Britain's biggest drugmaker also has a new vision for treating disease by developing "bioelectronics" to target the electrical signals transmitted by nerves.
"With the investments that are being made now in brain mapping, I am very confident that major breakthroughs will come - I just don't know when," Slaoui told Reuters.
Although the Western world is still popping plenty of pills for mental illness, patent expiries and tumbling prices as cheap generics hit the market mean industry profits are eroding fast.
Worldwide sales of antidepressants, which peaked at $15 billion in 2003, are set to fall to $5.4 billion 2018, while antipsychotics are expected to tumble from a record $21 billion in 2011 to $9.8 billion, according to consensus analyst forecasts compiled by Thomson Reuters Pharma.
Yet there is still a big unmet need, with depression alone expected to be the largest cause of disability worldwide by 2030, according to the World Health Organization.
The economic consequences are also huge, with the World Economic Forum estimating in 2011 that the cumulative global impact of mental disorders in terms of lost economic output would amount to $16 trillion by 2030.
Finding new drugs to treat brain disorders is notoriously tough. Early tests on animals are of limited value, since mice cannot tell scientists what they are feeling, and placebo drugs - or sugar pills - tend to have a major impact in human studies, making it very hard to know if a particular drug is working.
David Nutt, a professor of psychopharmacology at Imperial College London, also says restrictive rules on the drugs researchers can use to explore the brain are hindering progress.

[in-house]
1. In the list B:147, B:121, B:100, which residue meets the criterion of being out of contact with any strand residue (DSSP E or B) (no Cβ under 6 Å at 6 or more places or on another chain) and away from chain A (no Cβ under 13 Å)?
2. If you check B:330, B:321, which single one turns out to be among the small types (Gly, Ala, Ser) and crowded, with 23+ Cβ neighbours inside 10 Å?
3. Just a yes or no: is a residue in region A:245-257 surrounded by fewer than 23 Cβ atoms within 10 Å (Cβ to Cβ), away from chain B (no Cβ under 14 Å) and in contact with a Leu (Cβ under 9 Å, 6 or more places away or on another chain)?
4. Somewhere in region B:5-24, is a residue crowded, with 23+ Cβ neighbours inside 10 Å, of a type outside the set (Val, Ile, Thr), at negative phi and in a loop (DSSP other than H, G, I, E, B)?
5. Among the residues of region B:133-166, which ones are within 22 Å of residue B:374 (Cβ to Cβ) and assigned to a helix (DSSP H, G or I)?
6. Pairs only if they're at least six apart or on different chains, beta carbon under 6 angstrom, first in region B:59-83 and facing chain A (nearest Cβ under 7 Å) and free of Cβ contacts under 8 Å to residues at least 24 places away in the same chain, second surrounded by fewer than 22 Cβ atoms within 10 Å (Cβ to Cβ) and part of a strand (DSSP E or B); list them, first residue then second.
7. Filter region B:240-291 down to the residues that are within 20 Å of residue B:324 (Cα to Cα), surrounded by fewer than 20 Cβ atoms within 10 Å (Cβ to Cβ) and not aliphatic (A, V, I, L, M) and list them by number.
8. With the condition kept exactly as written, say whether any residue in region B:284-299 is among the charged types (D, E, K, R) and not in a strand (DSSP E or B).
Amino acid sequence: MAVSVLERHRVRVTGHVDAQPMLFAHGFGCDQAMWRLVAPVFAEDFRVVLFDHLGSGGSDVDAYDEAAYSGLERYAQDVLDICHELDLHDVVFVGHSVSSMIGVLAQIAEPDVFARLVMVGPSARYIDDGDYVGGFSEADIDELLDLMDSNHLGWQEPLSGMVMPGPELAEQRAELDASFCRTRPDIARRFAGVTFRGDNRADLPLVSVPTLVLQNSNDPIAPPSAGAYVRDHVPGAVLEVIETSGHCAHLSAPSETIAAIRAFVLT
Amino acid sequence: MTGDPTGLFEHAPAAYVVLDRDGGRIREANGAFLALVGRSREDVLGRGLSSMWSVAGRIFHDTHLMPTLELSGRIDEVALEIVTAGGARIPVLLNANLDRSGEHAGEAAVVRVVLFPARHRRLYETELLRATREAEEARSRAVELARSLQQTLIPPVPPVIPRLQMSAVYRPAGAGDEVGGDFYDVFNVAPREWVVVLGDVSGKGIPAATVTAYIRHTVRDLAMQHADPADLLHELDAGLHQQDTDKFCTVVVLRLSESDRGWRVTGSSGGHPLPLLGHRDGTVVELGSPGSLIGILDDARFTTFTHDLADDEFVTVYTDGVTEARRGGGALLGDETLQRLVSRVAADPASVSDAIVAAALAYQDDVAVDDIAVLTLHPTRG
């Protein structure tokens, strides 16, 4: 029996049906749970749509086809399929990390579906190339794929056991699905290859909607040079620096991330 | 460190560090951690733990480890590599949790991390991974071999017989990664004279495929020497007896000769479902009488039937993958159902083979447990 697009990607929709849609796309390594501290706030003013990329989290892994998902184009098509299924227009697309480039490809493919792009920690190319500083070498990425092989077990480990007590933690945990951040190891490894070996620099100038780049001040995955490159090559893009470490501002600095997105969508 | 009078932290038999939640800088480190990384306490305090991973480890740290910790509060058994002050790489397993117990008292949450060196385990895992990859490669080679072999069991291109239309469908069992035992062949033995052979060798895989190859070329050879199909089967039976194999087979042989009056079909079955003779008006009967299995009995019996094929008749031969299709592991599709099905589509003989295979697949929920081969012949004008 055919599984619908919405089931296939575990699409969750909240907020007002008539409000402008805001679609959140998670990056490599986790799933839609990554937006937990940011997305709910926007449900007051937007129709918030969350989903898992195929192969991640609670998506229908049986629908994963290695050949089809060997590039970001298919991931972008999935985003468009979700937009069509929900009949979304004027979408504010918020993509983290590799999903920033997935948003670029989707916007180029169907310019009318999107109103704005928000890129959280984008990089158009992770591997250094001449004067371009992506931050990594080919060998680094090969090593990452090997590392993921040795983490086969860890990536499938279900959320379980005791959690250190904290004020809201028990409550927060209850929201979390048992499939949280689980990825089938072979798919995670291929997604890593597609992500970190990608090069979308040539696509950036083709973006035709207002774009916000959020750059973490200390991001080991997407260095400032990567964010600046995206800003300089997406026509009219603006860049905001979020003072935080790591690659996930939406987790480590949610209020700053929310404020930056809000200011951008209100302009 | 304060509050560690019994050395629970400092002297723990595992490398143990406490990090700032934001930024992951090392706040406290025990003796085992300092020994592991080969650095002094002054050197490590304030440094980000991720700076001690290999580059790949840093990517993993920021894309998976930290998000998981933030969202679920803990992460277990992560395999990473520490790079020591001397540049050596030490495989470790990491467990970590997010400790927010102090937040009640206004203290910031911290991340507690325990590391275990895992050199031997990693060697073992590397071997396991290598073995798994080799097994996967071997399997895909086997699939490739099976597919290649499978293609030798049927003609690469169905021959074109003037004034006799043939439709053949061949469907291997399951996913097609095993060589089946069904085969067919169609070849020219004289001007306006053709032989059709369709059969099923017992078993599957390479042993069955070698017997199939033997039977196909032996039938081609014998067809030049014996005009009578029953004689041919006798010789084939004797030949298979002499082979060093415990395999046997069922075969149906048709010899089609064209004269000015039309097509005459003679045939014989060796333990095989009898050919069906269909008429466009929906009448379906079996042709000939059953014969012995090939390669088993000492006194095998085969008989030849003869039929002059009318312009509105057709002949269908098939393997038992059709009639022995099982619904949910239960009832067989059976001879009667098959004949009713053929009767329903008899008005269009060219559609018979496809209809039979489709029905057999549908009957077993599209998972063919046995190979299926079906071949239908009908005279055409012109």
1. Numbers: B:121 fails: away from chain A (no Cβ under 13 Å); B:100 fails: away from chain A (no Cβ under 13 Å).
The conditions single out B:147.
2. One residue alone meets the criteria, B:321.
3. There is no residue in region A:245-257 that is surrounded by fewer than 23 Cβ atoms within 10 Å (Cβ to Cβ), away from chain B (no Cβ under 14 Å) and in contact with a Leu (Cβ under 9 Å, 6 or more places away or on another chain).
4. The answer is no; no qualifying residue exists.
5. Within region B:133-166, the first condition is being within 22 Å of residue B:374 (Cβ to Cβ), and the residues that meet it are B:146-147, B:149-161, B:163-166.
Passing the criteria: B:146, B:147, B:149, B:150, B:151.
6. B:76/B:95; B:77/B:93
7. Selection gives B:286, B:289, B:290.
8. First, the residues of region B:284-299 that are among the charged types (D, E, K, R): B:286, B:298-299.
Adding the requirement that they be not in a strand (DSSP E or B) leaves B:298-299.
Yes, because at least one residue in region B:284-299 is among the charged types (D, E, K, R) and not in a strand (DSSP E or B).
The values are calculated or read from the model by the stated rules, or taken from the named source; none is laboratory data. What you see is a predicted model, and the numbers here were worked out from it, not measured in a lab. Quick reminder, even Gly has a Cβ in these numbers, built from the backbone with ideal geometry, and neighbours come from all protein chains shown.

"Most of the studies we do in animals that tell us about the brain use drugs which we cannot use in humans," he told Reuters. "We need to have a toolbox for human use. We need to have them made available so that we can ask fundamental questions about human brains."
Companies that have cut back neuroscience work in recent years include GSK, Merck, Novartis and AstraZeneca, with the latter taking a further step to downgrade the area last month.
But not everyone is quitting. Eli Lilly and Johnson & Johnson still have major investments in neuroscience, while Roche - best known for cancer treatments - has recently increased its investment on brain disorders.
"It's still early days but we believe there is a lot of potential in neuroscience," said Roche CEO Severin Schwan.
The Swiss drugmaker has a new treatment for schizophrenia in final-stage Phase III trials, results of which are due in the first half of 2014. If it works, Deutsche Bank analysts believe bitopertin could be a $4 billion-a-year seller.
Other analysts are skeptical, especially since the success rate for brain drugs in Phase III is poor, averaging around 50 percent against 50-80 percent for other disease areas.
The general pullback by industry has thinned out the field, which could be good for those companies remaining - although it may not last.
"The big brain initiatives in both the U.S. and Europe are long-term. Ultimately, I wouldn't be surprised if this ends up throwing up positive developments that prompt Big Pharma to re-enter the area," said Anders Gersel Pedersen, research head at Danish neuroscience specialist Lundbeck.
editing by David Stamp